I can’t wait to leap at flying bugs and roll around in the green grass and eat some of it too.  I’m tired of staying in the house all winter, but it’s much too cold to be outside and I don’t want wet paws.

Instead I am cooped up in this house with one cranky Mama who tells me I’m getting too fat and that I’m annoying sometimes.  If she would just let me sleep where ever I want, eat whenever I want, and stop complaining that I’m making her hot when I’m trying to catch a few zzz’s on her lap, maybe I wouldn’t be so antsy.

She just needs to stop devoting so much time to her “blog” (I don’t really understand what that is anyway, but I know it’s not as pretty as me!) and play with me, stroke my head, and talk to me.  Is that too much to ask?

Uh-oh, I hear the garage door going up.  That means my humans are back.  I’ve got to sign off, but before I go stick my nose out the garage door to see if it’s warmer outside, could you do me a favor?

Tell Mama the cat’s out of the bag.  Tell her you know she’s been ignoring me and you won’t read the stuff she puts in this box any more until she starts paying more attention to me!

Mee-ahh.  [That’s thanks in kitty talk.]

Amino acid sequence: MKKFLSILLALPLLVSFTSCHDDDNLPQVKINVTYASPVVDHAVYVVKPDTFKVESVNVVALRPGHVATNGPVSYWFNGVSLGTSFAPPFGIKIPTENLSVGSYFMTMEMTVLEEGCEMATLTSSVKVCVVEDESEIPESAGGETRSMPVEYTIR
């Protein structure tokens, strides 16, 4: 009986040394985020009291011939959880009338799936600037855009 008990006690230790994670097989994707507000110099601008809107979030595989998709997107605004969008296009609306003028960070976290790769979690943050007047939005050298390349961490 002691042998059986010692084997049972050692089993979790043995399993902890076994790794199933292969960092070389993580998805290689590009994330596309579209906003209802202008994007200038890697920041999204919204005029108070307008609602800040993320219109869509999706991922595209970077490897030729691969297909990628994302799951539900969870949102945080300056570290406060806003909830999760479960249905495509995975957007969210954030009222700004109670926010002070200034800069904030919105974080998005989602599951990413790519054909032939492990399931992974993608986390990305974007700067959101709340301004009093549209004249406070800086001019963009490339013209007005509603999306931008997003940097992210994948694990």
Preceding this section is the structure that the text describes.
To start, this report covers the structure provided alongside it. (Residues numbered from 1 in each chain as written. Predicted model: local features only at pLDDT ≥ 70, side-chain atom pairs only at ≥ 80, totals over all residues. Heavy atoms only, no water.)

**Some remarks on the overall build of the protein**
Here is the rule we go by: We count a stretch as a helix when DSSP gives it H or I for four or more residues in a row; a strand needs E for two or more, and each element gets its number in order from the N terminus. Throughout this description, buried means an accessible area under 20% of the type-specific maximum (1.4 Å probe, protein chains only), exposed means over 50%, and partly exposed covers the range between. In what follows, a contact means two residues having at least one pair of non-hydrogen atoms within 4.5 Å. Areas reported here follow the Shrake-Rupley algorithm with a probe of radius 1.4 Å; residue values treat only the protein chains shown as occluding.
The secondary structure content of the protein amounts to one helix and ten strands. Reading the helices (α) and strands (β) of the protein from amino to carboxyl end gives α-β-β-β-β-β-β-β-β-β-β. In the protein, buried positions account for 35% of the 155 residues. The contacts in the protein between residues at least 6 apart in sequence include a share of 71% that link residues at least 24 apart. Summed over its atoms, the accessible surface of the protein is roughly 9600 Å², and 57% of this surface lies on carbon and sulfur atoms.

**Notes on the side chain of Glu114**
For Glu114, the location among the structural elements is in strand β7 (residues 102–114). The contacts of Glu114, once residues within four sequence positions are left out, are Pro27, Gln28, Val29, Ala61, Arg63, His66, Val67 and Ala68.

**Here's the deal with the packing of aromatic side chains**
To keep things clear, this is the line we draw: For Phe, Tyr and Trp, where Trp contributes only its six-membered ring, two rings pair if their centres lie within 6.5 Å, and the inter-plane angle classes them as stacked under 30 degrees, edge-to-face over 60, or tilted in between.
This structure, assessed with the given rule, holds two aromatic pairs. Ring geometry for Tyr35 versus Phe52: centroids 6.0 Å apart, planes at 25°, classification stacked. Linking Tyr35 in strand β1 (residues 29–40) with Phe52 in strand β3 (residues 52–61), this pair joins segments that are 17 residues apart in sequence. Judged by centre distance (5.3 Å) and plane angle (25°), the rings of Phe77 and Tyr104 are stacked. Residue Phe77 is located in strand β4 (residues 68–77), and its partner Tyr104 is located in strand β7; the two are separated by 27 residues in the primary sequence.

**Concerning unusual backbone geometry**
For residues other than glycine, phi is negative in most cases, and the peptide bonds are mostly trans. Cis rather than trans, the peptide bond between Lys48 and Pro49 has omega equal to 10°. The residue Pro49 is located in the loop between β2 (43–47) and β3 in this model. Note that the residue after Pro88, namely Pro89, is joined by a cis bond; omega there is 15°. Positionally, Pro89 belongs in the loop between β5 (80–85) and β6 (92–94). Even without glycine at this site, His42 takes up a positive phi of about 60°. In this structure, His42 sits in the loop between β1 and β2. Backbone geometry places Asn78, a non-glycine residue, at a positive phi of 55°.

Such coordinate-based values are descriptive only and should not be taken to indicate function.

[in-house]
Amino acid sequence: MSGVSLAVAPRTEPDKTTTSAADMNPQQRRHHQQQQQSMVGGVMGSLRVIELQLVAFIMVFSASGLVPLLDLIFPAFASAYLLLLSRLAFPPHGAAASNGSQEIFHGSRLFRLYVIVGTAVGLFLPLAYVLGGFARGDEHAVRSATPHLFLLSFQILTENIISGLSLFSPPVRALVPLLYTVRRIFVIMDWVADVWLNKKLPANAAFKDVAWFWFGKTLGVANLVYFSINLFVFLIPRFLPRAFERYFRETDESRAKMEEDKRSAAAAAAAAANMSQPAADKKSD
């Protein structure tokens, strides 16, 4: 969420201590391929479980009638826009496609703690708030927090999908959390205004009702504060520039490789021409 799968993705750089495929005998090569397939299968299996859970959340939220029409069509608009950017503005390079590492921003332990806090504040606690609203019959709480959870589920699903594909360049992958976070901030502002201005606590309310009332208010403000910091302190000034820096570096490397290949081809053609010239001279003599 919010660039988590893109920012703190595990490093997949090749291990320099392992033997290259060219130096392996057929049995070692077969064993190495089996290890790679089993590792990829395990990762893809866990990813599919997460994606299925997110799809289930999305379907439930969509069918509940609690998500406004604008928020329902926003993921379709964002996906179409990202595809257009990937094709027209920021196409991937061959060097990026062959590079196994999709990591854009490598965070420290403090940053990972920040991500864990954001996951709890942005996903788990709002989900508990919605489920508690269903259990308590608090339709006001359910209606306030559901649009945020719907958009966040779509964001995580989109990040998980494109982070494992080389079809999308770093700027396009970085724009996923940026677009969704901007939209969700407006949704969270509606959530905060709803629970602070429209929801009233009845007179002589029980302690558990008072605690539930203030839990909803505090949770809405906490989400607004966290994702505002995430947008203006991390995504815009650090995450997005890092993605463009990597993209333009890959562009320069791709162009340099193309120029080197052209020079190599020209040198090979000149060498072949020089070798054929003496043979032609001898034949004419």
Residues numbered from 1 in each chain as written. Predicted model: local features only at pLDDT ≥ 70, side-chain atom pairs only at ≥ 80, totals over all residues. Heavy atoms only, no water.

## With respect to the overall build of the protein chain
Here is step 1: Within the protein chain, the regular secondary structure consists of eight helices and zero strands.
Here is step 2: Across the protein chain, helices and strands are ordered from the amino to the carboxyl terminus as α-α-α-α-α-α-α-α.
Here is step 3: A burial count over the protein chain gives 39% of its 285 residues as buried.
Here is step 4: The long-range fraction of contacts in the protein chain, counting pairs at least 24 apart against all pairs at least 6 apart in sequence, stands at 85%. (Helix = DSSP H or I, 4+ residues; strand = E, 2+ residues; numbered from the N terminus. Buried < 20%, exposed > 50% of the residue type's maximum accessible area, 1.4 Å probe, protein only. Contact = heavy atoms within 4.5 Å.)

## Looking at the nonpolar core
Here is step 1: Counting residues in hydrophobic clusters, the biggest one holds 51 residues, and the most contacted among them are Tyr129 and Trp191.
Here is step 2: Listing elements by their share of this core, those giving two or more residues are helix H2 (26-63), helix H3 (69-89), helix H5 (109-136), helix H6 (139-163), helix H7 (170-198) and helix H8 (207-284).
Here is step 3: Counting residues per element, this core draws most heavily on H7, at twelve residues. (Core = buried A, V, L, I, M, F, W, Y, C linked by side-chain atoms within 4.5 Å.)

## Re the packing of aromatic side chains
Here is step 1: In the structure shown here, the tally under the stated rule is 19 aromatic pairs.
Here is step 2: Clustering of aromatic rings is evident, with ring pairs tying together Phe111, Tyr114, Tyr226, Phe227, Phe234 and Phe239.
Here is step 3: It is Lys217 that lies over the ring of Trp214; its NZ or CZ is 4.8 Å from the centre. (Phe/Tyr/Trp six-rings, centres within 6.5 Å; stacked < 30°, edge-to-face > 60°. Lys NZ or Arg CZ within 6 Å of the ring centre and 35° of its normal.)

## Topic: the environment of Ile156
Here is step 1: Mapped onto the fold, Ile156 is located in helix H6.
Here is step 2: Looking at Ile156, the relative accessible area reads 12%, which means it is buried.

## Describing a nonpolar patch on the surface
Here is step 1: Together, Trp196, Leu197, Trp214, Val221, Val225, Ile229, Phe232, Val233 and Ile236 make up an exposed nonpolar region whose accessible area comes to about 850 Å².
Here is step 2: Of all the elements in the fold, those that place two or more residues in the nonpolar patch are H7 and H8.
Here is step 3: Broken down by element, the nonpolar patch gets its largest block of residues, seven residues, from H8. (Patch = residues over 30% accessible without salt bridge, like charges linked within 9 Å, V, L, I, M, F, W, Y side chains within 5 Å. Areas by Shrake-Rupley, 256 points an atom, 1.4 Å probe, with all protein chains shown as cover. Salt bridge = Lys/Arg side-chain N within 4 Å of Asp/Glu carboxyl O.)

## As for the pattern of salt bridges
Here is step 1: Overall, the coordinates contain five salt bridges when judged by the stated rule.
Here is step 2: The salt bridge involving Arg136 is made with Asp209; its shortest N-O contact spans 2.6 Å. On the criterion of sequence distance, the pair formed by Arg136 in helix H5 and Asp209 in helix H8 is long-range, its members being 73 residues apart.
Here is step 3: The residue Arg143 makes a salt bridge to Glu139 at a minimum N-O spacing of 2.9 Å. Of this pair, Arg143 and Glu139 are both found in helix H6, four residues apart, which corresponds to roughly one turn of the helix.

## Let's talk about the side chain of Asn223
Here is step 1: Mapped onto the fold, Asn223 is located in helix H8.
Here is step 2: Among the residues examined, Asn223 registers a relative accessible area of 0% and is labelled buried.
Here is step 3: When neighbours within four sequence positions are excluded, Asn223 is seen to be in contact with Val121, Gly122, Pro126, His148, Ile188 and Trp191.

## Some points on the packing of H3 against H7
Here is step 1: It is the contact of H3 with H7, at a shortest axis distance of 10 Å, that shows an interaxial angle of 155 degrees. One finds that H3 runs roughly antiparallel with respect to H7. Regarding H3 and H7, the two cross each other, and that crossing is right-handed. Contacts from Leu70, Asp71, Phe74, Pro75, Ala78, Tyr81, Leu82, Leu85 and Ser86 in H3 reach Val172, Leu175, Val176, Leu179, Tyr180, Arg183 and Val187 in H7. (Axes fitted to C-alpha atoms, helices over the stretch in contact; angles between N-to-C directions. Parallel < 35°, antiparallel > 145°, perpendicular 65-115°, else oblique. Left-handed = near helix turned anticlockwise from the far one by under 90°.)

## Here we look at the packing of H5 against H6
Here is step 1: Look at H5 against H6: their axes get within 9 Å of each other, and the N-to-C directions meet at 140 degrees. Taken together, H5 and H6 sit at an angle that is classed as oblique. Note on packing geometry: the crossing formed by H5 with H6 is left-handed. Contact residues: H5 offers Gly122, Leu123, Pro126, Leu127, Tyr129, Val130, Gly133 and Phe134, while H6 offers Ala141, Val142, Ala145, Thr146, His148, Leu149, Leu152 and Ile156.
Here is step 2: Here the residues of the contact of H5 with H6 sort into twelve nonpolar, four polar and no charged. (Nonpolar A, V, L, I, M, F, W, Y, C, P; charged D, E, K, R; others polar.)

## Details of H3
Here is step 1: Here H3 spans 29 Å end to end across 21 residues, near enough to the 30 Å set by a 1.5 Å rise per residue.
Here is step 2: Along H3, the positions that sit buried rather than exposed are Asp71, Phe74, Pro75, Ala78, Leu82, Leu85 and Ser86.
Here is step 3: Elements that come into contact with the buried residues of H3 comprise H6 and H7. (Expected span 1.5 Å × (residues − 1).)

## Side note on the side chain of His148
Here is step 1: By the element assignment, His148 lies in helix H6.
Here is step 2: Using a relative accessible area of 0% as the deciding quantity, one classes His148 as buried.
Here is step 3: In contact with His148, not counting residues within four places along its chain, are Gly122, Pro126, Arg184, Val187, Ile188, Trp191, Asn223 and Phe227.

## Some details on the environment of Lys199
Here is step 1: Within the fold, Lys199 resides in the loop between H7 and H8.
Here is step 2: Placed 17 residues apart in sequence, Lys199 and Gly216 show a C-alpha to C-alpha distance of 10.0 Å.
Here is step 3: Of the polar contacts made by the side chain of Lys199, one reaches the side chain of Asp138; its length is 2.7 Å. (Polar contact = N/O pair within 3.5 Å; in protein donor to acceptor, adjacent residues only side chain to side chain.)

Getting my craft on


Back in 2012, our dining room table looked like this!

Eight years ago this month, the dining room in our empty nest home was full – not full of people but full of crafty items.

Back in 2012, this mama was up to her eyeballs in preparing for three weddings, three bridal showers, and a rehearsal dinner all in the same year. Believe it or not, all three of our offspring were engaged and all chose to be married in 2012. In order to cushion the expenses of it all, I resorted to hand making items for the events.

It was a whirlwind of a year and I felt like my new occupation became “party planner and creative designer.” The dining room table, covered with various items to be designed, assembled, and readied for the big days to come,  looked like a craft shop exploded.

Ribbon, flowers, lace, hot glue gun, scissors, fancy papers, glue sticks, candles, storage crates, and all kinds of accoutrements to craft special items for church and reception decorations, favors, ceremony programs, invitations, etc. sprawled all over our large dining room table taking up what felt like permanent residence from February through November of that year.

Just this week, it kind of felt like déjà vu.

Our dining room table once again sported spools of ribbon, tape, scissors, ruler, and stapler.  This Mama/Nana was getting her craft on once more.


Making “pony tails” for Little One’s birthday party

This month marks a special day – not a wedding or bridal shower, but a birthday. Our oldest grandchild, also known in this blog as Little One, is turning five…FIVE! She’s been telling us she wanted to be five for almost a year now and when asked why, her response was, “I just like the number five!”